Maui News

BREAKING: Committee Recommends Taguchi for Maui Auditor

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Kalana o Maui (Maui County Building) building. Photo by Wendy Osher.

Kalana o Maui (Maui County Building) building. File photo by Wendy Osher.

By Wendy Osher

The Maui Council’s Budget and Finance Committee unanimously recommended Lance Taguchi as their selection to the newly created county auditor position.

The recommendation for appointment to the six-year term now advances to the full council for further consideration.

Taguchi currently serves as deputy in the county clerk’s office under Clerk Jeffrey Kuwada.

Committee members say he was one of 17 applicants who sought appointment to the post, and among six that went on to the interview phase of the selection process conducted by the committee’s Temporary Investigative Group.


One of those six individuals reportedly pulled out of contention before the interviews began after being offered another position, said Budget Committee Chair Mike White.

White congratulated Taguchi on the recommendation saying, “I’m very comfortable with the selection.”

Fellow Councilmember Gladys Baisa offered similar comment calling Taguchi both “efficient” and “responsive.”

In testimony today, Baisa said, “The more I dug, the more I was impressed. He has an extremely impressive resume. He certainly meets (and exceeds) all of the requirements that were set.”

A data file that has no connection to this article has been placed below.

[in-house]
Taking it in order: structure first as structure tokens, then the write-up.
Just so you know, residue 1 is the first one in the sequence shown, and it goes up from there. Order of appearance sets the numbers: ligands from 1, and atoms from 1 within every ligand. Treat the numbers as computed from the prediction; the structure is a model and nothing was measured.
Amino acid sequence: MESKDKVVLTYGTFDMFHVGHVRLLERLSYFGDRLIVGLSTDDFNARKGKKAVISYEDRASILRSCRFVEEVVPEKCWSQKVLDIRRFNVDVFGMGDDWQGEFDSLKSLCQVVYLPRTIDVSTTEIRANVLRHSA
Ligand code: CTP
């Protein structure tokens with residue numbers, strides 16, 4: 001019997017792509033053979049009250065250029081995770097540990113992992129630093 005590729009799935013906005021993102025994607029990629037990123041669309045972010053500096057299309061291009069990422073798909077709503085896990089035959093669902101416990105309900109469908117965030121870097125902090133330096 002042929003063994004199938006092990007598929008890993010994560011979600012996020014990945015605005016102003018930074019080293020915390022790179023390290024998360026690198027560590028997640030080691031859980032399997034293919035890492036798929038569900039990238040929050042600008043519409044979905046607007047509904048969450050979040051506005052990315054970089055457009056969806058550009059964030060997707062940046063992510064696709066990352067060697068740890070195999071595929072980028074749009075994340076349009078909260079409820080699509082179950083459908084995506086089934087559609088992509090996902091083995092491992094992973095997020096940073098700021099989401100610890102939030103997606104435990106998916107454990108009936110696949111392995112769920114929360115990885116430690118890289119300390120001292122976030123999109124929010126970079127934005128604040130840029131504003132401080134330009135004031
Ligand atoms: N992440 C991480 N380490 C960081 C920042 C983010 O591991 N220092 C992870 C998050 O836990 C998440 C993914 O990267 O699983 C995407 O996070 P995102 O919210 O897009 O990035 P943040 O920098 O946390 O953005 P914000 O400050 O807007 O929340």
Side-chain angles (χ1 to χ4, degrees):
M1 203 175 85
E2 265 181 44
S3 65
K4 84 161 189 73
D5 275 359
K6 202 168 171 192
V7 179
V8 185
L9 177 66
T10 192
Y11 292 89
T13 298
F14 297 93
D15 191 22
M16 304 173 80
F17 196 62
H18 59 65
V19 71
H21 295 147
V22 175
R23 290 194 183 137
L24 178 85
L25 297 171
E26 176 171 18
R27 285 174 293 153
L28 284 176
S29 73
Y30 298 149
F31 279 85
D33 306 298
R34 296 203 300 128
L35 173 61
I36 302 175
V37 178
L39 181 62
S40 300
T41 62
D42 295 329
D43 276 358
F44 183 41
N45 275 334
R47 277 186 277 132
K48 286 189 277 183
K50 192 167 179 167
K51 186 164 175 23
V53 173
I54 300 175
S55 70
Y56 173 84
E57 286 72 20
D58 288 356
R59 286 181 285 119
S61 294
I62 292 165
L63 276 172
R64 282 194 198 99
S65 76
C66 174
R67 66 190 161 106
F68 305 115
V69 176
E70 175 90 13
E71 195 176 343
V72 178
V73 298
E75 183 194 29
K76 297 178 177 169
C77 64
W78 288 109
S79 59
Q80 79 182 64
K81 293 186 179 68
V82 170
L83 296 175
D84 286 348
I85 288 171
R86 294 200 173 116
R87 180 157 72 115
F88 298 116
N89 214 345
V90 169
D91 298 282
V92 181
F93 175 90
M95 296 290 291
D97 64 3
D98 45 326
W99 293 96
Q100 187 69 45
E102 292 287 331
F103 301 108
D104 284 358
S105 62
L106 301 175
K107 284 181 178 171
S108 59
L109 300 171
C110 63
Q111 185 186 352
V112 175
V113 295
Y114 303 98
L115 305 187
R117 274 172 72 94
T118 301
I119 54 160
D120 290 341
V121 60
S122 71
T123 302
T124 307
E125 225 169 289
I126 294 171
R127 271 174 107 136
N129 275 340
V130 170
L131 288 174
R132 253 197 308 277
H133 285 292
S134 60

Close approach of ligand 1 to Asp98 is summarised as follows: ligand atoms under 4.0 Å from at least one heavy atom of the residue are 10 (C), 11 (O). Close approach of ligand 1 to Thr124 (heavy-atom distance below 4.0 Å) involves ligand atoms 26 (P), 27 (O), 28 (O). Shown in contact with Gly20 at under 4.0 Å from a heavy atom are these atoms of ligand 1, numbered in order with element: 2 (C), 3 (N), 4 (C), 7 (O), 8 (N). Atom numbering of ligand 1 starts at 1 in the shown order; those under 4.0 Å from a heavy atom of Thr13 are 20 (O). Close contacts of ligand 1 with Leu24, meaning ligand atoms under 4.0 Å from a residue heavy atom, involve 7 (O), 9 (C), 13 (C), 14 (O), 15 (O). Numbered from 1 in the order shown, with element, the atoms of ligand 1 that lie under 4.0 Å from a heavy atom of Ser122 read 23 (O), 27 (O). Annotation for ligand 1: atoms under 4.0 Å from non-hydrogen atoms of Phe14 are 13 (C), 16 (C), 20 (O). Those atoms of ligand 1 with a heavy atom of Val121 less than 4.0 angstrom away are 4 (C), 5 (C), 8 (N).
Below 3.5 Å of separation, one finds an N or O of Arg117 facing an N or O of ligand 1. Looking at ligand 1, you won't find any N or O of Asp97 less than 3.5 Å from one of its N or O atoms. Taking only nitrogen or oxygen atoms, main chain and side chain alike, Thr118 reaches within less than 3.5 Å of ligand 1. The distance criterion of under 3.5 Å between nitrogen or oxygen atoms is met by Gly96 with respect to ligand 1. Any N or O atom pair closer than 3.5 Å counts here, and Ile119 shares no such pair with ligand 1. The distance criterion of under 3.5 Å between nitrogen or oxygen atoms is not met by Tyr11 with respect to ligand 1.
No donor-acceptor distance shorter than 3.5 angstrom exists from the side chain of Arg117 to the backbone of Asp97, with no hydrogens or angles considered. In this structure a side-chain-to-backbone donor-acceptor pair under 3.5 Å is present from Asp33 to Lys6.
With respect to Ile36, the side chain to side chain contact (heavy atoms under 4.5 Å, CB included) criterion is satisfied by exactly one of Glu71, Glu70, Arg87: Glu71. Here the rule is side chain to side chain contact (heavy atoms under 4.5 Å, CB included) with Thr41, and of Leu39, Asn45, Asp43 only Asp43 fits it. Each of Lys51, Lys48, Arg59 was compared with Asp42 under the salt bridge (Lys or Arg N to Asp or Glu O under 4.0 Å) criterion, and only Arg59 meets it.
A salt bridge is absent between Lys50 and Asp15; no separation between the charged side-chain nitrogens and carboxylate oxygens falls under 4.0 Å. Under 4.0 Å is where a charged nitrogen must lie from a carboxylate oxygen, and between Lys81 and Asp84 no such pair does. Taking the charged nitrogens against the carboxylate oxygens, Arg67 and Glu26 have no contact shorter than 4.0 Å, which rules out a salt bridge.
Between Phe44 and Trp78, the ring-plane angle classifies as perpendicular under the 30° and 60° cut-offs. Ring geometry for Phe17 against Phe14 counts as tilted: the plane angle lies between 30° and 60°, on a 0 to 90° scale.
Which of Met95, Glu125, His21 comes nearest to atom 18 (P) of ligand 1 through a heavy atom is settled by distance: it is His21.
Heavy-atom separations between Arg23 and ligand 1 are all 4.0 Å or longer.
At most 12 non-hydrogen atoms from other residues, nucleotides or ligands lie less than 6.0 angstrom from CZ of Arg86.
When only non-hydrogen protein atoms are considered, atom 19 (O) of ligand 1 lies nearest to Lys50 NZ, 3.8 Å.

Councilmember Don Guzman also offered words of support for Taguchi saying, “His background and resume speaks for itself–a CPA; experience in the government, outside sector, private sector; various audits he’s conducted throughout the private sector, as well as serving in the judiciary as an appointed auditor as well. I have a lot of respect for that.”


In explaining why he applied to the post, Taguchi said, “I hesitated to apply, to be honest with you, primarily because it is quite a daunting task, and I have young children; but, someone once told me, you have to do something to help the next generation.”

Taguchi continued his testimony saying, “If I can try and help people–the public, council members, and the administration–better understand what’s occurring within the departments, then I think everything will be a whole lot better. It will help the public to have some confidence in how their tax dollars are being spent.”

“I think that’s something that would really help this county–to have an independent, third-party take a look at it. From my experience, and my background, I could provide a good start for the office to try and achieve that,” said Taguchi.

In regards to leaving the office of the county clerk, Taguchi said, “I’m sure with the capable staff there, and the county clerk himself, they’re more than able to find a replacement for me. I completed most of my tasks–there’s still some things to be done–but I’m sure with the people that currently hold the positions, that they should do fine without me.”